VNS Therapy® is a neuromodulatory therapy designed for people with
drug-resistant epilepsy 4 years of age and older with
partial onset seizures. This can safely lead to fewer and shorter seizures
and better recovery from seizures.
Medication alone is not the answer for one-third of people with epilepsy.
Seizures that persist after trying at least
two appropriately prescribed antiepileptic drugs are considered
drug-resistant epilepsy. Studies have demonstrated that
additional medication is unlikely to control this type of seizure. But
despite this data and what we know about the
risks of living with drug-resistant epilepsy, many people continue to be
prescribed multiple medications rather than
being evaluated for non-pharmacological treatment options. . If you've tried
several medications but continue to have
seizures, it may be time to consider other treatment options.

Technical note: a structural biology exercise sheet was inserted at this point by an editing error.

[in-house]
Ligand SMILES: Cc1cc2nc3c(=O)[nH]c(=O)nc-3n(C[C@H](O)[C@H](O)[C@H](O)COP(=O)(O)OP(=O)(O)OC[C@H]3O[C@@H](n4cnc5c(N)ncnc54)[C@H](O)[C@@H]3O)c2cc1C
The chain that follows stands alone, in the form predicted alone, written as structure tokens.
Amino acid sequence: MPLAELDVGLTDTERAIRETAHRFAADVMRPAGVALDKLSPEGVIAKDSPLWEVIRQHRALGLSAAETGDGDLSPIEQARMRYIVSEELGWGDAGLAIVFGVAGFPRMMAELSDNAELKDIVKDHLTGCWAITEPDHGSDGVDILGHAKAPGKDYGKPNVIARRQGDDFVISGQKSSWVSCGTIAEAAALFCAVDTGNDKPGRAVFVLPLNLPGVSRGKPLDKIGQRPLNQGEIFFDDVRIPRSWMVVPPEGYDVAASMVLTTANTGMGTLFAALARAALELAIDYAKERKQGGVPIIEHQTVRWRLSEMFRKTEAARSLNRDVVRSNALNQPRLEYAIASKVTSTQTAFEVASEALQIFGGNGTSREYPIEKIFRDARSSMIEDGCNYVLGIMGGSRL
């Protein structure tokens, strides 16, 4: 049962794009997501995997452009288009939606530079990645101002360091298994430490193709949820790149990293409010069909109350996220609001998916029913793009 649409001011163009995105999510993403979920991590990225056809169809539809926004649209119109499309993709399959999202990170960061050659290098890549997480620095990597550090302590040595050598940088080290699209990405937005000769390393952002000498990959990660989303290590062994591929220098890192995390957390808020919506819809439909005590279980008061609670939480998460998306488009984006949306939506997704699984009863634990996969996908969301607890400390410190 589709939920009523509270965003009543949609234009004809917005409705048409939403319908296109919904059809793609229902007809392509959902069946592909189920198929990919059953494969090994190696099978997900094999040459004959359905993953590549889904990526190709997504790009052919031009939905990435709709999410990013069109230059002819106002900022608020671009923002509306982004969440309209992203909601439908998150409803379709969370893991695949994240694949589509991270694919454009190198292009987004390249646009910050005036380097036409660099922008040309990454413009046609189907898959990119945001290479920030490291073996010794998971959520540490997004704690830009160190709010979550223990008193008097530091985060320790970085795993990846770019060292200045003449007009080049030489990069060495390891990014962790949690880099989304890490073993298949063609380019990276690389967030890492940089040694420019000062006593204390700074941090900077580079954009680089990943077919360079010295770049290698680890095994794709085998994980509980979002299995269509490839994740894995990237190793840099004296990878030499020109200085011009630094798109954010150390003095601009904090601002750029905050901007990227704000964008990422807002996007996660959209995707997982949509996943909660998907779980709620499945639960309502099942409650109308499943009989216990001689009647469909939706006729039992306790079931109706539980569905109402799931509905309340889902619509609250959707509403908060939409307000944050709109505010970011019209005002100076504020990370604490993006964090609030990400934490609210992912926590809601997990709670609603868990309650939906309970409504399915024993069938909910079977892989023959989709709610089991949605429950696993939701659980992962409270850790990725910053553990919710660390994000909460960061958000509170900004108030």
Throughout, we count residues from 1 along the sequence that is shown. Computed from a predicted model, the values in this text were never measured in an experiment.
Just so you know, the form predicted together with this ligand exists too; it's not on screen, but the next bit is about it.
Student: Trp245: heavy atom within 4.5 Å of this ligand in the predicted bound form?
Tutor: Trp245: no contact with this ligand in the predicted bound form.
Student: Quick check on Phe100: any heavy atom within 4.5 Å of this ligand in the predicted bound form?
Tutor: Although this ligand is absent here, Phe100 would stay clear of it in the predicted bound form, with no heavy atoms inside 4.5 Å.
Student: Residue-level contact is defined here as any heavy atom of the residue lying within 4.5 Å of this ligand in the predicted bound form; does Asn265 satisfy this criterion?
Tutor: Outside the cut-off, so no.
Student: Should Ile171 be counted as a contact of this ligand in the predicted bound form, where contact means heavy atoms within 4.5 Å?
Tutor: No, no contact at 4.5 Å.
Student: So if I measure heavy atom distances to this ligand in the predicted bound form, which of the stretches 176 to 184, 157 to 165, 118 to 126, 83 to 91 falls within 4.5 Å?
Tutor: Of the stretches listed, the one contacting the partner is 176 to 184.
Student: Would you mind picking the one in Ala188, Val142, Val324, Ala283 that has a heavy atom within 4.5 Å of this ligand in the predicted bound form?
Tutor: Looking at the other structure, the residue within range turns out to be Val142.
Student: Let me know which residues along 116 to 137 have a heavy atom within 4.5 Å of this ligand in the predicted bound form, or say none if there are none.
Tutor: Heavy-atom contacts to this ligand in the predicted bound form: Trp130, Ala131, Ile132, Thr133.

Epilepsy VNS Therapy is an add-on neuromodulatory therapy designed for people
with drug-resistant epilepsy 4 years of
age and older who have partial-onset seizures. This can safely lead to fewer
and shorter seizures and better recovery
from seizures. The VNS therapy is a small device that is implanted under the
skin in the chest and connected to the left
vagus nerve in the neck. VNS therapy transmits mild impulses to the brain
through the vagus nerve to help prevent
seizures before they start and to help stop them if they occur. VNS therapy
has been used to treat more than 125,000
people with drug-resistant epilepsy, including 35,000 children, and has more
than 25 years of supporting data.
Designed for those seizure-free moments, VNS Therapy has been shown to not
only reduce the number of seizures, but also
their duration and severity epileptic seizures and improve post-crisis
recovery. In studies comparing effects before and
after treatment with VNS Therapy, many people have experienced:
VNS therapy is delivered through a device that sends mild pulses to the vagus
nerve at regular intervals throughout the
day for the purpose of preventing seizures. An additional dose of treatment
can block or shorten your attack, reduce its
intensity, and improve recovery from an attack. VNS therapy includes a brief
outpatient procedure, not brain surgery.